When beer brewing gives you CO2, use it to make biodegradable ink.
—Photo by Jesse R. Borell of Nocoast
Upslope Brewing Company is one step closer towards its goal of becoming a zero-waste brewery. The Boulder beer-maker has partnered with the ever-resourceful Boom Algae, a Boulder startup that repurposes the CO2 byproduct released in the brewing process as food for algae. You may recall Boom Algae from a 2015 5280 story, where we detailed the company’s ambitious plan to build a greenhouse project at Upslope—a plan that was eventually abandoned due to difficulty obtaining construction permits. Boom Algae’s new strategy, producing algae that will eventually become biodegradable ink, can be carried out on a small scale within the brewery, sans the building code hurdles.
How, you ask? When yeast eats sugar during the process of fermentation, there are actually two end-products: a molecule of alcohol (bless you, yeast), and a molecule of carbon dioxide (a greenhouse gas). Fortunately, CO2 is food for photosynthesizing organisms. Upslope fitted its fermentation tanks with a mechanism that transfers excess CO2 to a separate tank filled with rinse water captured from the brewery’s canning line. That’s where the synechocystis, a type of fresh water algae, comes in. The singled-celled organism thrives when surrounded by much higher levels of CO2 than are found in our breathable air. It absorbs the gas, water, sunshine, and a few other nutrients and in turn grows lots of new cells.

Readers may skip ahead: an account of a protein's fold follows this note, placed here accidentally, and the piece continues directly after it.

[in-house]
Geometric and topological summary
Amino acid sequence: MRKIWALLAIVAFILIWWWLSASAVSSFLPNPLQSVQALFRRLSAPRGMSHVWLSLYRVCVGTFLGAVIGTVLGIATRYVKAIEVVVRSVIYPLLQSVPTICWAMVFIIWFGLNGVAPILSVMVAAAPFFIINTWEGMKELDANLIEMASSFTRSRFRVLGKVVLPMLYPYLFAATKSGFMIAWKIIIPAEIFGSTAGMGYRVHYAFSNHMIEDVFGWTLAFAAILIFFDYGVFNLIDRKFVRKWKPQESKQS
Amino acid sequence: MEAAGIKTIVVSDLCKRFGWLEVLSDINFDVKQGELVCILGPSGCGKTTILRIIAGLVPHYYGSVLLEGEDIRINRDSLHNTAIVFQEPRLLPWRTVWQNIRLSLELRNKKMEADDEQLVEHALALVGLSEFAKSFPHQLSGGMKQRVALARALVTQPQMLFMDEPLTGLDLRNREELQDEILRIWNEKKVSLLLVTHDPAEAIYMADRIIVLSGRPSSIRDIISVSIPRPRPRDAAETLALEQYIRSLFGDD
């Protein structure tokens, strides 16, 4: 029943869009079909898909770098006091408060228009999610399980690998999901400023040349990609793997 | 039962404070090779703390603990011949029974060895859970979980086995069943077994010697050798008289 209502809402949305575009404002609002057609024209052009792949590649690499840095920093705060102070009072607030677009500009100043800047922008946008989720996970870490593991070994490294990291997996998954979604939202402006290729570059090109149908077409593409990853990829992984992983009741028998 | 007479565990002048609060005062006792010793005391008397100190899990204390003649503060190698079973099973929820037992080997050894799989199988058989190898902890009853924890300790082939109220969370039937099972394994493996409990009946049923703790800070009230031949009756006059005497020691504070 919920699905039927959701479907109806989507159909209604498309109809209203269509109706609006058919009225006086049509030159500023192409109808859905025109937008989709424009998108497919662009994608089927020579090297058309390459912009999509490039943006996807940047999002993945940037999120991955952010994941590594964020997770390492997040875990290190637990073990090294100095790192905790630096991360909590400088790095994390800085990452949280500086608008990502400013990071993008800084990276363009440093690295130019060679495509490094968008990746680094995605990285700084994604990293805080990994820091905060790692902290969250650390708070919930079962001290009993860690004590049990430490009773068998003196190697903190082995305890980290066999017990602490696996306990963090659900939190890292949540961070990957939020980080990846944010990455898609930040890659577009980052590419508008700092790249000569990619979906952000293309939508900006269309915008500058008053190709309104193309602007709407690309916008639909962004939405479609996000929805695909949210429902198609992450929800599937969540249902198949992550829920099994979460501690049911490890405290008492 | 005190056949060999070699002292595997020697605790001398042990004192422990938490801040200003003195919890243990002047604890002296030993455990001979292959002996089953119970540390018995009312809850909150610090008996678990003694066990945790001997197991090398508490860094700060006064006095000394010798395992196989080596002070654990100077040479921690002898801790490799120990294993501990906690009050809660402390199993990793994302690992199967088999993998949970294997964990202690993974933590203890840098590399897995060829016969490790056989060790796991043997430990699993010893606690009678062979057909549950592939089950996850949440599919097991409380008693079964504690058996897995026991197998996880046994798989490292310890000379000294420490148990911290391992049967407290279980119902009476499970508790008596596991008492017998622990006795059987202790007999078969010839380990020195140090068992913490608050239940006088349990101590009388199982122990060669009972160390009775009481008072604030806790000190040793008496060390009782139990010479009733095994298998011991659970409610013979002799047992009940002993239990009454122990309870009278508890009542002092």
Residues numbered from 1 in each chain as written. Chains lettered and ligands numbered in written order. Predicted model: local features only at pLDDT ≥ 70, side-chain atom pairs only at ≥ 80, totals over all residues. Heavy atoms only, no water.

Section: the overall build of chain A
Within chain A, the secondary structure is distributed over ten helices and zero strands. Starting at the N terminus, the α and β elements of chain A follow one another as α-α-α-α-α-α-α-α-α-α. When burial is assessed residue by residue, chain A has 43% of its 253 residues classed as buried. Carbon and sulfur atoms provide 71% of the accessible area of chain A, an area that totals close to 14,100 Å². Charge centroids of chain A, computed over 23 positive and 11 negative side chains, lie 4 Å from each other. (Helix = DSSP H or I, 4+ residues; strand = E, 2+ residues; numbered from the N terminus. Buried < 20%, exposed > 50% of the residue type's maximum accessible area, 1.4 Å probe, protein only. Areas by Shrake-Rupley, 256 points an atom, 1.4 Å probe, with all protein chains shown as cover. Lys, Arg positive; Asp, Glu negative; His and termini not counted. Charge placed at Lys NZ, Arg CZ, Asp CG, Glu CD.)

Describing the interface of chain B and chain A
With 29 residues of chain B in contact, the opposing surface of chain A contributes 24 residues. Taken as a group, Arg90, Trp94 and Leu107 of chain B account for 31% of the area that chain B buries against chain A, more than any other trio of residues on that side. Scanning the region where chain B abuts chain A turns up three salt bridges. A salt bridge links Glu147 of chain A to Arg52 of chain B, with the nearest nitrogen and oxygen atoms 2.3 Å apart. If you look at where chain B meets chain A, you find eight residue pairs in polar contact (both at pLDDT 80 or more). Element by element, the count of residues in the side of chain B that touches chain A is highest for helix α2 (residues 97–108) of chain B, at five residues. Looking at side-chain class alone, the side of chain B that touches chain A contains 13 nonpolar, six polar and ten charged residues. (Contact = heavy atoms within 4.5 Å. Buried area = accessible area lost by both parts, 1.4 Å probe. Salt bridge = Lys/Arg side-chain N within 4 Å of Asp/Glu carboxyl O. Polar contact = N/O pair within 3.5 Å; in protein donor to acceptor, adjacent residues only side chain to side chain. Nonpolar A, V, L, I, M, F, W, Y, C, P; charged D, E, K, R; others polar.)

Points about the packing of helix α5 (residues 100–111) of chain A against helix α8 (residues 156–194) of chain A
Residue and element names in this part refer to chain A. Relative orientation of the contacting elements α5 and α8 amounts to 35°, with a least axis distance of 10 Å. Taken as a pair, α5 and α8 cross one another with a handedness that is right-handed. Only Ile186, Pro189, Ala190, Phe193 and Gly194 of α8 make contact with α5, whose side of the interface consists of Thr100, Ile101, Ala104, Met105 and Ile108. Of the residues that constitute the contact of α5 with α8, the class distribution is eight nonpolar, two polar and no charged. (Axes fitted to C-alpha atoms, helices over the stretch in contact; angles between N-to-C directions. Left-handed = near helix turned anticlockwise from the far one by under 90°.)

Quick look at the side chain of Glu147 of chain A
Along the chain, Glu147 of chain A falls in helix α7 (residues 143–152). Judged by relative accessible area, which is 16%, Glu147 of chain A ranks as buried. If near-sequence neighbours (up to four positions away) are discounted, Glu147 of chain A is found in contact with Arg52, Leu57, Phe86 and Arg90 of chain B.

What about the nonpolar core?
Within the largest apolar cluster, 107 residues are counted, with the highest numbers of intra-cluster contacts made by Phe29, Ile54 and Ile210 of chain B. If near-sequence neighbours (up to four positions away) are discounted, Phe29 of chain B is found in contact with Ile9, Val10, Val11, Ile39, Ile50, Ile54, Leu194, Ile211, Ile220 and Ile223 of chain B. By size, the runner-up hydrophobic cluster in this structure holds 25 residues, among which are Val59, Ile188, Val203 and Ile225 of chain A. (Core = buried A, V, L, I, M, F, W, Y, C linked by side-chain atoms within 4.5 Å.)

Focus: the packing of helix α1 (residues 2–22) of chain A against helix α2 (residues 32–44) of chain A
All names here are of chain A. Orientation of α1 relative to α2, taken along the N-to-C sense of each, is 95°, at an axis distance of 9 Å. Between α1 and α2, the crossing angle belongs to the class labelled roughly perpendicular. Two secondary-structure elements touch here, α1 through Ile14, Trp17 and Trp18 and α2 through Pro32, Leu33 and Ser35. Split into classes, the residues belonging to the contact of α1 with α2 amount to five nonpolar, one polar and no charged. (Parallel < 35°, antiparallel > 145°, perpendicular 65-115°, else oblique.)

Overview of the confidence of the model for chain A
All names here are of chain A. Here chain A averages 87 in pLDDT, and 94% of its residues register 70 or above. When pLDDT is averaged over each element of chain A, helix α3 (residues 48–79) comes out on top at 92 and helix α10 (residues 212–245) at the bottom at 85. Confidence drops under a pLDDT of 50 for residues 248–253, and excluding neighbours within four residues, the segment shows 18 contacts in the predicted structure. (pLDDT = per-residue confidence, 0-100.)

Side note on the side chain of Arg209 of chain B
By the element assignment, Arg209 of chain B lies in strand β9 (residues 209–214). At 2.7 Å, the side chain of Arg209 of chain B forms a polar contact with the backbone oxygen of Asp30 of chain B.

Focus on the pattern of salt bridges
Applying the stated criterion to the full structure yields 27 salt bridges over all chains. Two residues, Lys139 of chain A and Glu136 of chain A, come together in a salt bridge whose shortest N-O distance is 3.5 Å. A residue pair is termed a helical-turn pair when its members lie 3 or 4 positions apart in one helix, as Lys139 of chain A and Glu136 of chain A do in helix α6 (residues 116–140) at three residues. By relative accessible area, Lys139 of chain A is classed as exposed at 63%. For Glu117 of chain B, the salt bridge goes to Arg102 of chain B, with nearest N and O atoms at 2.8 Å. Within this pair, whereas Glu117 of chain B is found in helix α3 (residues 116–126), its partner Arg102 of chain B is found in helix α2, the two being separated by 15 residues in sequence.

Those cells are loaded with deep green pigment, which happens to be perfect for creating biodegradable ink. Boom Algae sells the residual pigment to the Fort Collins startup Living Ink, which runs an algae-ink printing press. It’s a win-win-win-win: The atmosphere is spared the harmful CO2 emissions, the algae is thriving, and two sustainability-minded Front Range startups are in business.
As for Upslope, the team members might be sleeping a little better at night knowing they’ve traded CO2 emissions for sustainably-produced ink, but they’re not making a dime in the process. For the brewery, this endeavor is about doing the right thing rather than making money. “Whenever we can pursue something to reduce our footprint, we go after it,” Upslope co-owner Matt Cutter says.